Some types of switches and buttons require multiple layers to properly display where a component will belong in the assembly. Switches and buttons obviously need electrical contacts, which demands a portion of the component footprint appear in a copper layer, or etch layer. This shows exactly where mechanical contact points appear when the switch is closed and current can flow to a load. High power switches, tactile switches, and push buttons only need a copper layer and a 3D body to fully model, but there are other switches that may not appear directly on the PCB.
One example is film switches or carbon film buttons, such as you might see on a TV remote. These film switches are not always off-the-shelf components that are soldered onto the PCB, instead they may touch conductors through a contact film that bridges exposed pads. Those pads then make some electrical connection back to a processor or ASIC. If this is how you want to add HMI to your product, how should you create these components in your CAD data?
Layer Sets For Most Components
The vast majority of components used in a PCB layout will have a small set of layers used to define the component. Most components will be a simple passive device, active device, or integrated circuit, all of which have component leads that bond to the PCB. A package size and shape can be specified, as well as the 3D model of the component. In total, following sets of layers would be needed:
This set of layers details the bare minimum requirements to define a component in a PCB library. The role of your PCB layout editor is to ensure these layers are included in your fabrication and assembly exports.
There are other components that rely on additional mechanical information to aid placement: panel-mount switches, film buttons, wire or cable runs in the board space, or switches with large protrusions are all examples of parts with relevant mechanical data. Some of these parts may have a mechanical element that makes contact with etch layers on the PCB, but may not mount directly to the PCB (no soldering). So this all begs the question, what data should be put into etch layers versus mechanical layers?
Etch Layer Definitions
In general, the best practice for etch layer definitions is to only include the portion of the component that is required on a copper layer to make the necessary electrical connections. This is the case even if nothing is soldered to the board, which is definitely the case for film buttons mounted to the product enclosure.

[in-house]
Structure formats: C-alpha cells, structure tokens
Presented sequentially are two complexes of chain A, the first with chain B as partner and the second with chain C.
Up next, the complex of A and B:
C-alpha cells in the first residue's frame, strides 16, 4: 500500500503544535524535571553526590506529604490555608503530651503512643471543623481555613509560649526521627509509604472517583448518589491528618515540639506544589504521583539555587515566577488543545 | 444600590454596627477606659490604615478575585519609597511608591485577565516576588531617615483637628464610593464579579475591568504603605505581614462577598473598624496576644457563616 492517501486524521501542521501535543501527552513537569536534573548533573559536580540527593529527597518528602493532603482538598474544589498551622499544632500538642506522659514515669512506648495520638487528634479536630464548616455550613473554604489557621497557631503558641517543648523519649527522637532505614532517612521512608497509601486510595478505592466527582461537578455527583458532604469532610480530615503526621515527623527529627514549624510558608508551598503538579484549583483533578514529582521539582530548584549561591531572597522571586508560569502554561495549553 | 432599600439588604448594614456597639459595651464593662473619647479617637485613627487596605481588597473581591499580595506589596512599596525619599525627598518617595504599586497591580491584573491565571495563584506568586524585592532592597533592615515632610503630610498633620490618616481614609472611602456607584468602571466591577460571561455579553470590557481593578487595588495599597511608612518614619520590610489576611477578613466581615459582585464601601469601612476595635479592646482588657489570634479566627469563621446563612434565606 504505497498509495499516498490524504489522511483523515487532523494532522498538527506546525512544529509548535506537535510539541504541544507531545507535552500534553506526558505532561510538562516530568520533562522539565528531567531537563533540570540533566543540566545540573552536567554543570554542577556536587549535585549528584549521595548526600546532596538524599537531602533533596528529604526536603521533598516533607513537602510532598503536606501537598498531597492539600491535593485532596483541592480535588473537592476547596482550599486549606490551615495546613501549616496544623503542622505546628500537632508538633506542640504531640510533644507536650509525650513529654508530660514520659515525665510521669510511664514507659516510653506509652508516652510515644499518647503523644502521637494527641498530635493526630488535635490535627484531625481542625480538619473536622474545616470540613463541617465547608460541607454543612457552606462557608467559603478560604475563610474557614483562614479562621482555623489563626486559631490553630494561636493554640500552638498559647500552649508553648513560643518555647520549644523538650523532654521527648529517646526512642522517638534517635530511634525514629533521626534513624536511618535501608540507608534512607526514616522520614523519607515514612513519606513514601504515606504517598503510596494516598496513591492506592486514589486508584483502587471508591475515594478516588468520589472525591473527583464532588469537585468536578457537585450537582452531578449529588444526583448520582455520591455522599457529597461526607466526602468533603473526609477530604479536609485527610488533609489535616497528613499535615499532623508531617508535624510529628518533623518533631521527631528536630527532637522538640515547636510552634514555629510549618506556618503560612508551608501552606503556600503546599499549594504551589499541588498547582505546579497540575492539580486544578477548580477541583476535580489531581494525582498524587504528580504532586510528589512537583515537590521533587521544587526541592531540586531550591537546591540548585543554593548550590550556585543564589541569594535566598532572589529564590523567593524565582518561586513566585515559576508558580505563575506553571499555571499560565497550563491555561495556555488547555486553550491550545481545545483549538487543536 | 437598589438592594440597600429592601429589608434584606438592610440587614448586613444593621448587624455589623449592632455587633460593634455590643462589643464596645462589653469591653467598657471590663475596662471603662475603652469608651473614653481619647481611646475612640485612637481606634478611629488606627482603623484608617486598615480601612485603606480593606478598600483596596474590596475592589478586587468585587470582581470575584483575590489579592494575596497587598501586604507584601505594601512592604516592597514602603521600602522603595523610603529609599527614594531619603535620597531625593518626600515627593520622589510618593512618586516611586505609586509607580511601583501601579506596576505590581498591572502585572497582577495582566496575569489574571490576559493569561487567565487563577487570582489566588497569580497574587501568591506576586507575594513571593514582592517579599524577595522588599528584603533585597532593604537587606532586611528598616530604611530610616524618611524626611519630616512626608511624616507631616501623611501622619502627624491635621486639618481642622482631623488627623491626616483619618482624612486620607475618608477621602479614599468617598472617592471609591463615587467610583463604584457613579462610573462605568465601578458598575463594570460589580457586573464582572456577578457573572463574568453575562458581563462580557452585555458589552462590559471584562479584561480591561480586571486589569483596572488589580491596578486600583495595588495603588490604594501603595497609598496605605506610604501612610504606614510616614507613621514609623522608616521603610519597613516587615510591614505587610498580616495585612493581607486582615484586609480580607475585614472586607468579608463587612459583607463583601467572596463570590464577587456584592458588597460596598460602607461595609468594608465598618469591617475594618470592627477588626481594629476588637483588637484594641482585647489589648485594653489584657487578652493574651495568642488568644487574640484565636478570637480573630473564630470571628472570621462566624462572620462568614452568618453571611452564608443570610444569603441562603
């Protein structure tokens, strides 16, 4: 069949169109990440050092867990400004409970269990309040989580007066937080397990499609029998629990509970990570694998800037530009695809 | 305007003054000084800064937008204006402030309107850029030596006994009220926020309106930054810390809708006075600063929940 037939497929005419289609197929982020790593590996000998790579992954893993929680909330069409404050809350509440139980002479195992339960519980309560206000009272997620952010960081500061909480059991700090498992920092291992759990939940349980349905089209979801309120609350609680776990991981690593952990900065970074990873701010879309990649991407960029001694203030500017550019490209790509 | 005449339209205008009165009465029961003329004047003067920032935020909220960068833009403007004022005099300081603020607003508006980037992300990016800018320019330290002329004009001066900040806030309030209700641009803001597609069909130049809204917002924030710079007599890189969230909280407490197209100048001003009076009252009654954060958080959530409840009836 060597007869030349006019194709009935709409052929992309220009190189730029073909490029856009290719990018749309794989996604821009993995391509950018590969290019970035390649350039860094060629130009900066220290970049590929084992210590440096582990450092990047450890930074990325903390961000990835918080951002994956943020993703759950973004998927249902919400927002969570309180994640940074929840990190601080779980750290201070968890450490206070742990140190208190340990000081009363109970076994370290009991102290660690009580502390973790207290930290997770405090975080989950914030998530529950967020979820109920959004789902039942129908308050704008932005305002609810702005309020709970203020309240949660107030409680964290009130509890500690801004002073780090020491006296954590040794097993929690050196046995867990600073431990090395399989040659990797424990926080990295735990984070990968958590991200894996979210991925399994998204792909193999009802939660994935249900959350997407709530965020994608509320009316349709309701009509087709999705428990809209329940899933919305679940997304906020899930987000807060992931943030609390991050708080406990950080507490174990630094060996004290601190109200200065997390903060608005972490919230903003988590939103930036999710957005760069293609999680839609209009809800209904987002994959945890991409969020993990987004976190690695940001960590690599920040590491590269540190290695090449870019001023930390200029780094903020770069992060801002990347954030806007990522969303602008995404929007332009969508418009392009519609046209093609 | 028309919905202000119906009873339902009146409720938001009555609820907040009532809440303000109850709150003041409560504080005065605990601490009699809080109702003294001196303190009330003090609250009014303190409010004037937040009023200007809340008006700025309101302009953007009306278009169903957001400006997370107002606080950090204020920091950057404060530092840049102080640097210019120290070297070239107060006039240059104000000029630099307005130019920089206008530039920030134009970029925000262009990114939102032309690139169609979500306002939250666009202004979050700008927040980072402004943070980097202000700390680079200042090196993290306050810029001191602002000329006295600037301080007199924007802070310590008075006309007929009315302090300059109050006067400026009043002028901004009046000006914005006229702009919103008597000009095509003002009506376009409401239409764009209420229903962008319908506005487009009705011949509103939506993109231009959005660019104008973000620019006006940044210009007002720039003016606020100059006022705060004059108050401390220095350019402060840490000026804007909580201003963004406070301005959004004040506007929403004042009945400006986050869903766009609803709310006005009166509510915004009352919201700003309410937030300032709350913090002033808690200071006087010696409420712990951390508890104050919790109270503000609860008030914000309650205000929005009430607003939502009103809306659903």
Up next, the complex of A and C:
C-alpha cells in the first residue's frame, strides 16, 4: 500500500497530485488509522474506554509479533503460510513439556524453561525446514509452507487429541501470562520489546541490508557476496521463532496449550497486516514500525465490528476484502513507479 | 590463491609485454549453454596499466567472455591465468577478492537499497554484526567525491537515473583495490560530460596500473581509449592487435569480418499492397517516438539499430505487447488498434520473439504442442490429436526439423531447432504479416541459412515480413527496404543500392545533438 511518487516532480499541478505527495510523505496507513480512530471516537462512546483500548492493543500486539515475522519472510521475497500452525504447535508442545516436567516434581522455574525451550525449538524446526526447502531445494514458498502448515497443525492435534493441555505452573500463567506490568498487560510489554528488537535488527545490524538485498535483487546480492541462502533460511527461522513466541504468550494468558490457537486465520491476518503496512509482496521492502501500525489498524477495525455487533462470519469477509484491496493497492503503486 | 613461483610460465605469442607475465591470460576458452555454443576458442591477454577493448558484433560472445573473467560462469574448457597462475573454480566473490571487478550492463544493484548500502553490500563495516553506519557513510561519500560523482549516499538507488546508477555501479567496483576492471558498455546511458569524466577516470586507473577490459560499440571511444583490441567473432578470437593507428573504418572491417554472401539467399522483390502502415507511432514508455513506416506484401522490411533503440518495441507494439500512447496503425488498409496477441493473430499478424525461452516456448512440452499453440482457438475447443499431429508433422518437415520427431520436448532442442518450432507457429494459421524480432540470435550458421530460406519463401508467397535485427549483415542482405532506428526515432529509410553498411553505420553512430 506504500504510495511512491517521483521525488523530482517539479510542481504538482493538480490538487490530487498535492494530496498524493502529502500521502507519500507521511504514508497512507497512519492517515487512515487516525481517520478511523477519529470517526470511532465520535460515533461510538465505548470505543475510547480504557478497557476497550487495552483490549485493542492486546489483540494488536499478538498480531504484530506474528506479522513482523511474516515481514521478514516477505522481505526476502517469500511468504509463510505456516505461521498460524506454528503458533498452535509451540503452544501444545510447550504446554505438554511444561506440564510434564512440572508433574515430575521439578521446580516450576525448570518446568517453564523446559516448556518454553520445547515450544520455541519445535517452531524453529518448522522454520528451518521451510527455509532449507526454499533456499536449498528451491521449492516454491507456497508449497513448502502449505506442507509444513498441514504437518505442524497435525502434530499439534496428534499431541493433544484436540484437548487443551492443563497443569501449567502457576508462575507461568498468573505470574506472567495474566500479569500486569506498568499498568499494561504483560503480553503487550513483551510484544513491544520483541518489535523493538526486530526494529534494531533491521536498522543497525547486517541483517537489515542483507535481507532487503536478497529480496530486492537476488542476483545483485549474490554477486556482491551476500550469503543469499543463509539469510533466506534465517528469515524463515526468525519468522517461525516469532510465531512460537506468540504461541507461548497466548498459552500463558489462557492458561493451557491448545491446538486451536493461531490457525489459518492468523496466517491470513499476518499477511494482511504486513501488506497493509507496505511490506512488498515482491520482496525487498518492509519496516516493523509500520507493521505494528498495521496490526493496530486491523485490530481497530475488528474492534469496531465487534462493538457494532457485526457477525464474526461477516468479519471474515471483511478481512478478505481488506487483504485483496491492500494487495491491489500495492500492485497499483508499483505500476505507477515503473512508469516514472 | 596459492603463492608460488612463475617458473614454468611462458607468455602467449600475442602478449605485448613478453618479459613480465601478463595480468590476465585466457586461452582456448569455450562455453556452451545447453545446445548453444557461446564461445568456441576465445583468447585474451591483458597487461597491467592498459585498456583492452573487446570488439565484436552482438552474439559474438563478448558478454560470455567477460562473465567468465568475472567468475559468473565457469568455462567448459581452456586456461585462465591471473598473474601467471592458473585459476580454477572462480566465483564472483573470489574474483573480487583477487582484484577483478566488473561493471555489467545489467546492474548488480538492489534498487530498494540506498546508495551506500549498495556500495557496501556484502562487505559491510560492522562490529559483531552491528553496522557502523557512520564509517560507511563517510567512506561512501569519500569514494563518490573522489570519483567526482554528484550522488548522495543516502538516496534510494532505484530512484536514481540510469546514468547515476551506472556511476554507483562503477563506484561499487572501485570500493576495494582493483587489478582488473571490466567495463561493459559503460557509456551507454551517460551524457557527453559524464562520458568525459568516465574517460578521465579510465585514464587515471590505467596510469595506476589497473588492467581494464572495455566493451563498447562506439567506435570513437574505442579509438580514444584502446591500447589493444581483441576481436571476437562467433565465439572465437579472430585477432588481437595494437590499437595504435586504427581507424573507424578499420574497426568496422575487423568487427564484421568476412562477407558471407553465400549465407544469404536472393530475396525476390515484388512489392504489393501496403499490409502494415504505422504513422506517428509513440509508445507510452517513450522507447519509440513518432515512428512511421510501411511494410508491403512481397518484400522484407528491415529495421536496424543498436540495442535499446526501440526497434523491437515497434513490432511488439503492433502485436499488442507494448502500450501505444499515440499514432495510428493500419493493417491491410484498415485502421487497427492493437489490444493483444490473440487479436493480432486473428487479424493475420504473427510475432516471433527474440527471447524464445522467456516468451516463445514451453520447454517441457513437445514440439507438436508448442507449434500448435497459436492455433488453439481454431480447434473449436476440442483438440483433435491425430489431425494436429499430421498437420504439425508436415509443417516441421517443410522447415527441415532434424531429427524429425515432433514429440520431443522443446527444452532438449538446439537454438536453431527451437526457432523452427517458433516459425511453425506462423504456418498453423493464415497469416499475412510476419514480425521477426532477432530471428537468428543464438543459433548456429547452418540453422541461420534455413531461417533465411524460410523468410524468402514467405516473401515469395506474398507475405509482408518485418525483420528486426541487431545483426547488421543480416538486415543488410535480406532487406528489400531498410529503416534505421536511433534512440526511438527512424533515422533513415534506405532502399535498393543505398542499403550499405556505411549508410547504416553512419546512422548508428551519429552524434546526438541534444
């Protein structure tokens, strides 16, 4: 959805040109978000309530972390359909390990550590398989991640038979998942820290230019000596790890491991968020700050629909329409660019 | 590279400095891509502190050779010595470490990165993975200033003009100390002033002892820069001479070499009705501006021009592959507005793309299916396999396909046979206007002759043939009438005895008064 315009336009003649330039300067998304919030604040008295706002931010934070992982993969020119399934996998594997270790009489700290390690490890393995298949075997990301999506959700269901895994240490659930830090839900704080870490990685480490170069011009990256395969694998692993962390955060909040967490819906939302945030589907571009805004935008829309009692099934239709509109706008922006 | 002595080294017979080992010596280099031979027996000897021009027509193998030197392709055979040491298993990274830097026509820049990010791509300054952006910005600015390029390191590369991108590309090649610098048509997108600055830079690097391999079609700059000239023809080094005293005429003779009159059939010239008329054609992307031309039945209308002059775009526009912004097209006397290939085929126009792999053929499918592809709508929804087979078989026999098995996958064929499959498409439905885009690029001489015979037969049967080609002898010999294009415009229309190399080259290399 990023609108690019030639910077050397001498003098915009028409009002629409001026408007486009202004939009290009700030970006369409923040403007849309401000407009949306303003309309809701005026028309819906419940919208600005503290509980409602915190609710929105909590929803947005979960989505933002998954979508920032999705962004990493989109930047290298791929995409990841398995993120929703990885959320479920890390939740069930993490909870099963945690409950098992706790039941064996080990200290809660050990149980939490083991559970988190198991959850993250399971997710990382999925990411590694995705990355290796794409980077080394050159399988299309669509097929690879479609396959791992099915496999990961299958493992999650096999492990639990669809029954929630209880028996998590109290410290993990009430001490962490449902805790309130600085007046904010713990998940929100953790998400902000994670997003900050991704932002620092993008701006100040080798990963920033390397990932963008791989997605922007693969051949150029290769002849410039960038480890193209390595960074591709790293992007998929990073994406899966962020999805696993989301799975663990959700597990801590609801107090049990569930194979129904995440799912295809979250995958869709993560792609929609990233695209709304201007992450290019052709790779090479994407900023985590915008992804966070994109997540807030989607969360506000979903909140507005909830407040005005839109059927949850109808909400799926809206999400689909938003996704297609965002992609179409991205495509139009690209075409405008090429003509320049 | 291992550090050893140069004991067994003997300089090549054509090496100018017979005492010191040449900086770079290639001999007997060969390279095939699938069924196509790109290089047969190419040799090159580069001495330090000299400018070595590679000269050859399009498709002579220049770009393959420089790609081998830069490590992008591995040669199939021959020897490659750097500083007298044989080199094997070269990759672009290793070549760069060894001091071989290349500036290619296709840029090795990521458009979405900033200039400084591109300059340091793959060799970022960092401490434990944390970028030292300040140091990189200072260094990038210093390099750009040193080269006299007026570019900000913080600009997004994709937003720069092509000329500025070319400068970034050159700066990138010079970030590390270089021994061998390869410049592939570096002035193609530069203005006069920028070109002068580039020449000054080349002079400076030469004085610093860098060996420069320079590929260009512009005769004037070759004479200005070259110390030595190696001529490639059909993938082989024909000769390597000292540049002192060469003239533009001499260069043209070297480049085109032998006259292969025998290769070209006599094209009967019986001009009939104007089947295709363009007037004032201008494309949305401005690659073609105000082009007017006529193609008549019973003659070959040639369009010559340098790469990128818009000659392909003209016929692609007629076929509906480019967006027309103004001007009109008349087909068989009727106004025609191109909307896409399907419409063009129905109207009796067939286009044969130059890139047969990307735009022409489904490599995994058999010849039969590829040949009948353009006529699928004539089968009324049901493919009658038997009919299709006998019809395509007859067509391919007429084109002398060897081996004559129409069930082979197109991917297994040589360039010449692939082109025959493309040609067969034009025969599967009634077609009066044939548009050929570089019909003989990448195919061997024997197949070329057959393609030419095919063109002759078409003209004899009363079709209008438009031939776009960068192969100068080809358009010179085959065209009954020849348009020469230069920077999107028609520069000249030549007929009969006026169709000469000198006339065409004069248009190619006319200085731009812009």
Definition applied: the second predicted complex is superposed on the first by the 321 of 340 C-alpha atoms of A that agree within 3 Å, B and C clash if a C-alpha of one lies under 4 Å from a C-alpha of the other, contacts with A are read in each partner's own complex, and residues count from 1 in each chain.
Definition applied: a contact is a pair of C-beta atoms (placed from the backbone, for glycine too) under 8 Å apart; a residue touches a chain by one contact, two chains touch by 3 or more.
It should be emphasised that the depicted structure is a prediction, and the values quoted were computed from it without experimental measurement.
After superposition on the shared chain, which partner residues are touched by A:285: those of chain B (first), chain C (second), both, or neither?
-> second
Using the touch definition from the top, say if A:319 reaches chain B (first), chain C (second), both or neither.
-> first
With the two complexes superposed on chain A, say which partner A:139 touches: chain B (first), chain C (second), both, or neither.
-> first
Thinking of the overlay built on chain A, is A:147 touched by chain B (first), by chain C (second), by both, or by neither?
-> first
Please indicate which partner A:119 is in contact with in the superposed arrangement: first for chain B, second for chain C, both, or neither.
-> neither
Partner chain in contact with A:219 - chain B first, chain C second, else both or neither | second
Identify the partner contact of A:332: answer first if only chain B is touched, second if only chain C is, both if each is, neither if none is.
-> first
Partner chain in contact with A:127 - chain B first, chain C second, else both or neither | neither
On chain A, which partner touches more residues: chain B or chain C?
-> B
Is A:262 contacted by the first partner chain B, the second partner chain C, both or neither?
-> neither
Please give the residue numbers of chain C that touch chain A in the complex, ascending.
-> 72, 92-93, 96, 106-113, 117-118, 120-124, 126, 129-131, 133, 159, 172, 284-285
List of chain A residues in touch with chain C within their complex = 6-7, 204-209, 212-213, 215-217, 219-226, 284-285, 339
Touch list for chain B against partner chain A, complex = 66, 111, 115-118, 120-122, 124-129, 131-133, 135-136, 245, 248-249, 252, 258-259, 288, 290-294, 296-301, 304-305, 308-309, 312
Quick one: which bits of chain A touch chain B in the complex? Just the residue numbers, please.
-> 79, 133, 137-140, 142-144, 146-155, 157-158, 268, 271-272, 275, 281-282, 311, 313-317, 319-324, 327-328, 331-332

These kinds of buttons sometimes make contact with pads on a PCB to create a closed circuit, and they may not directly mount onto the PCB.
Because these kinds of parts are essentially just pads, there will be a solder mask opening and paste mask opening defined automatically in the PCB layout editor. Make sure to close the paste mask opening but maintain the solder mask opening so that the button contacts can make contact to the pads on the PCB.
Here, there is no PCB assembly layer data for the enclosure-mount button array because there is nothing to mount directly to the PCB. Therefore, this component should be marked as a mechanical type component and should not appear in the BOM for the PCB assembly. It would appear in the product’s assembly BOM, however.
Mechanical Layer Definitions
The other side of defining these kinds of components is the mechanical layer definition. The mechanical layer should include the outlines of the mating components that do not mount to the PCB. For example, in the film type buttons above, the film should appear in its own layer, and the electrical contacts on the film should not appear in an etch layer. The convention is to do all of this in a mechanical layer so as not to create any confusion for a fabrication house.
These film definitions should not be done in another etch layer. This gets confusing because, once the fabrication data is generated, there will be an additional etch layer that does not actually appear in the PCB. Unfortunately, if the component is not created correctly, the data may not be mirrored over to a mechanical layer and would have to be drawn by hand. For array components, such as a switch array or keypad, the array can be defined as a single mechanical layer, while each element in the array can be defined in an etch layer as its own component.
Final Checking in 3D
At the end of the design, the entire placement and layout will still need to be checked in 3D. This is largely done with an export to an MCAD format, which can then be used in a mechanical application to determine interferences in 3D. This portion of verification would not use your etch layers as the basis for verification. Instead, your component data needs to include 3D models, such as STEP files that illustrate the size and shape of the component.
Today, most component manufacturers have realized the importance of these models and they provide these models on their websites. This may not be the case for all integrated circuit manufacturers, but models for mechanical components like connectors and switches can usually be found on the manufacturer's website. Open-source libraries and third-party resources are also including more of these models for mechanical verification. Make sure your mechanical parts include the required models so that interferences can be checked.
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